Joe is quite literally hooked on the myths about violence he’s been socialized into believing, a junkie addicted to a mysterious substance that’s administered through the eyes. His drug habit parallels his (and our) addiction to violence, and his withdrawal as the film progresses is an extension of his growing conscience. It’s important to note that the drug is administered visually.

It’s also important that Joe was the youngest looper Abe ever hired. Wink summed it all up this way:

“From the earliest age, children are awash in depictions of violence as the ultimate solution in human conflicts. And saturation in the myth does not end with the close of adolescence. There is no rite of passage…but rather a years-long acclimatization to adult television and movie fare… The basic structure of the combat myth underlies the pap to which a great many adults turn in order to escape the harsher realities of their everyday lives: spy thrillers, westerns, cop shows, and combat programmes… Redemptive violence gives way to violence as an end in itself [in] a religion in which violence has become the ultimate concern, an elixir, an addictive high, a substitute for relationships.”****

Looper

Johnson’s critique is even embedded in the way the film is shot and edited. The violence occurring around Joe is brutal and graphic; limbs are cut off, faces are disfigured and blood spurts from every gunshot wound. But when Old Joe (played by an actor known for roles in which he righteously eliminates evildoers) goes on a rampage in the film’s second half, it’s an over-the-top and cartoonish sequence. Much of the violence occurs off-screen, and what does make it onscreen casually depicts body after body being gunned down ‐ one kill even seems designed to play for laughs, when a single gunman runs straight into a flurry of bullets. The contrast is striking: a new action star depicted with a more realistic and ethical philosophy of violence fighting an elderly blockbuster hero whose violence only leads to more violence. There’s a line in the sand there: you can either depict violence in the traditional Hollywood formula, which helps sustain our most destructive cultural myth, or you can take a stand and try something new.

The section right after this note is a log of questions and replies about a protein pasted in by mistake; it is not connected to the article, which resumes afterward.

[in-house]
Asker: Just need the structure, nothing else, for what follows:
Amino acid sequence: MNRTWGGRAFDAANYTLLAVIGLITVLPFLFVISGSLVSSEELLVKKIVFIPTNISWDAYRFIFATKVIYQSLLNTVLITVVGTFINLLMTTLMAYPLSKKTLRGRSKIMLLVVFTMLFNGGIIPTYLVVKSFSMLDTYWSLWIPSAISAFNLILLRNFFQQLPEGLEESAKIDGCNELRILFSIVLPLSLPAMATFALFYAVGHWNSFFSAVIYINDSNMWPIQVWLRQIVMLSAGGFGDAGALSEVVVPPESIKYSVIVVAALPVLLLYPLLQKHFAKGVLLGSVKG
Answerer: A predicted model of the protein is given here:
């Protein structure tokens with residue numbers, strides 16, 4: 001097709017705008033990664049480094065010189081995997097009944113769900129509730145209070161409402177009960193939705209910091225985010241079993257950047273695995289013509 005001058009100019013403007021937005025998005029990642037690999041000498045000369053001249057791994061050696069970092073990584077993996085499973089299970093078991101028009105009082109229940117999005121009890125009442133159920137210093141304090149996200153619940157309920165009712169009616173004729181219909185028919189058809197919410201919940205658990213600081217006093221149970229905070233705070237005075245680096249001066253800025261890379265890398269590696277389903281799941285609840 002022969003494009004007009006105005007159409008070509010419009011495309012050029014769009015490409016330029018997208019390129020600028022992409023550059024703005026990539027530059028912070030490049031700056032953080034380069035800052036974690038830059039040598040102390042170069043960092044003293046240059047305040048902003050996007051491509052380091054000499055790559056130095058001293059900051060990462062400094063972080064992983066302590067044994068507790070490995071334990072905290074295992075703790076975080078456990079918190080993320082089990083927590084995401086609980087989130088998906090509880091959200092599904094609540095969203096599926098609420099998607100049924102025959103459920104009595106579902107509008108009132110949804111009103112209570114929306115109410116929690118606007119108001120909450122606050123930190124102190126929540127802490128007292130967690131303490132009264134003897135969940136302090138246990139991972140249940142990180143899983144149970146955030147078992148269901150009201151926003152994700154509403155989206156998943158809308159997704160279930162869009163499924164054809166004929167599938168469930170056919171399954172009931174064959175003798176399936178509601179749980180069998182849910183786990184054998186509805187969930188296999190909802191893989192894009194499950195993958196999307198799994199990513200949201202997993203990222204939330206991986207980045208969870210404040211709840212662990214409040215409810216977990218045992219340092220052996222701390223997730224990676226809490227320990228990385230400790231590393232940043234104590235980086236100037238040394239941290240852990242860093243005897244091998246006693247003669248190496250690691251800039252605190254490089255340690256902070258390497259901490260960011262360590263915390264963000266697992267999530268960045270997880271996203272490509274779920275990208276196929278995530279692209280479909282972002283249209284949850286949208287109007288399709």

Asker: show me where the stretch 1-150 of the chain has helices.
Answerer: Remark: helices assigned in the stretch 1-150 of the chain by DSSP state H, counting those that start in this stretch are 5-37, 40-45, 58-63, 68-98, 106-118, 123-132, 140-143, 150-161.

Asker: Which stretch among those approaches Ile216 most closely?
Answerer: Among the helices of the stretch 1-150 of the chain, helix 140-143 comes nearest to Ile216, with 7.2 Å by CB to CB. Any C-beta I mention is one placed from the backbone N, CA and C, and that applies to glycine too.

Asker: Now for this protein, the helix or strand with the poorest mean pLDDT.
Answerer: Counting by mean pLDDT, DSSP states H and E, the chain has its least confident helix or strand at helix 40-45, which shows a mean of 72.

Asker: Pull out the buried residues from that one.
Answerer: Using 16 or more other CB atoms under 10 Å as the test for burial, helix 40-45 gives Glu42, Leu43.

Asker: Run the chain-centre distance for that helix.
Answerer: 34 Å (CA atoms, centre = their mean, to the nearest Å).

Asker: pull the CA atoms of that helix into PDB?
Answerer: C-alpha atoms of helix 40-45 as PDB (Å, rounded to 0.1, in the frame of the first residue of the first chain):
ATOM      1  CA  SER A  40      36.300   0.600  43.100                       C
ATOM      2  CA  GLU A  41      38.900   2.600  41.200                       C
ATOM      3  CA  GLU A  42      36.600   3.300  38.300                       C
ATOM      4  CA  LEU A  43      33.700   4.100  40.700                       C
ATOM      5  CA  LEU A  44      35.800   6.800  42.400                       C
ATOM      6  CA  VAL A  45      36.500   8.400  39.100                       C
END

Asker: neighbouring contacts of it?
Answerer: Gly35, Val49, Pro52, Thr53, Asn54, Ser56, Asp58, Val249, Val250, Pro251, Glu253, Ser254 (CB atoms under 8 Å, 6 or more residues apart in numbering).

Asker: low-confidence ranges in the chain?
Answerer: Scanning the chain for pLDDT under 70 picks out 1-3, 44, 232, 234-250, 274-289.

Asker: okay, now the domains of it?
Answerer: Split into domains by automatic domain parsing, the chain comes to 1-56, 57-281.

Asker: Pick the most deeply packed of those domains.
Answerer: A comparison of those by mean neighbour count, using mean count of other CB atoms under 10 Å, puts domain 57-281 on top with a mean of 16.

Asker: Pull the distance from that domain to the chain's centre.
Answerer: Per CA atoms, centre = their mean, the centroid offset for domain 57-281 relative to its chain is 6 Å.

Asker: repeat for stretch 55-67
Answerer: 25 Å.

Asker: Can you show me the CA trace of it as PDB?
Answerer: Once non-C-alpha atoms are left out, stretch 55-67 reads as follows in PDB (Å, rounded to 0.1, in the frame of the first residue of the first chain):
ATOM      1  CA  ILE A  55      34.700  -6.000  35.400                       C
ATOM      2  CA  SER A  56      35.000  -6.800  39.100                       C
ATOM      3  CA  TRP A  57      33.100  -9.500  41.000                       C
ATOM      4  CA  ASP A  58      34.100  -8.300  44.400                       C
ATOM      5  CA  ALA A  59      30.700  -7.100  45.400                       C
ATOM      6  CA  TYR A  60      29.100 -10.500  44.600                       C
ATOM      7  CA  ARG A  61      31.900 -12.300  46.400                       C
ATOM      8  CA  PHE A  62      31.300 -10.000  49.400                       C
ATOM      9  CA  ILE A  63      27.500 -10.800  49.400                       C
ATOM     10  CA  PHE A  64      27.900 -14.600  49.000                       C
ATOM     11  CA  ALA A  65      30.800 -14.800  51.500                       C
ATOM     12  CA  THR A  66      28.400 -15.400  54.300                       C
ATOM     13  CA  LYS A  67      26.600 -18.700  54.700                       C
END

It’s worth pointing out that these ideas were already well-articulated earlier this year in Drew Goddard’s fantastic horror romp The Cabin in the Woods, which also related modern-day violence in entertainment to ancient religious rites. What makes Looper even more layered is that it simultaneously critiques Hollywood’s other big lie: that a morally gray anti-hero can be redeemed by love or money. Think, for example, of the plethora of movies about murderers and thugs who leave their life of crime after they meet a beautiful woman (and a climactic gunfight, of course). Or those in which the protagonist just has to do “one last job” so he can retire and live the remainder of his life on the beach guilt-free. If we’re to believe the movies, it’s possible to simply quit a life of violence and ride off into the sunset, past sins forgotten (or at the very least, ignored).

Looper exposes that cliché for what it is: a fantasy that will never come true for us no matter how many times it does for our big-screen heroes.

Old Joe is fighting for an idealized Hollywood version of life, one in which all the drugs, philandering and murder are forgotten once he meets his manic pixie dream girl. That’s normally how a typical Hollywood action film would end. But not Looper. Within the first half hour of the film, Johnson strips the fantasy away and Old Joe is left with nothing but dead bodies and a time machine. Meanwhile, thirty years earlier, Joe sells out his best friend Seth in order to keep the money that he thinks will help him leave his life of crime. But this turns out to be for nothing ‐ in one timeline, the money quickly runs out, and in another, he’s unable to use it to buy off one of Abe’s Gat Men. He’s trapped in a pattern outside his control, and the money won’t do him any good.

So much for a Hollywood ending.

Violence’s Sequel

In Looper’s worldview, it’s impossible to escape the cycle of violence unscathed. All actions have consequences, and a pretty girl and a mountain of cash won’t change that. The pain inflicted never fully goes away. It just burns, deep down inside, until one day it bubbles up into an act of reciprocated violence, and the cycle repeats. We see this echoed throughout history. Resentment in Germany after World War One leads to the rise of the Nazis and an even bloodier conflict. A suicide bombing in Israel is answered by one in Palestine. A terrorist attack inspires war, massive bombings and an eventual assassination. John McClane kills the bad guys, and they strike back in sequel after sequel.

Old Joe wants to kill Cid because he believes that will save his wife. The Rainmaker (aka Old Cid) accidentally kills a lot of people after seeing his mother murdered. Meanwhile, regular Joe just wants to kill Old Joe because he thinks that in doing so he’ll save himself. They’ve all bought into the same lie, that violence arising from noble intentions can heal past traumas, and in doing so they’re damned to repeat the same cycle of destruction over and over. But they’re not completely lost. Johnson argues that there are two ways in which the cycle can be stopped and order can actually be restored: nurturing love and forgiveness (personified by Sara) and a refusal to respond to violence with more violence, even if doing so results in death.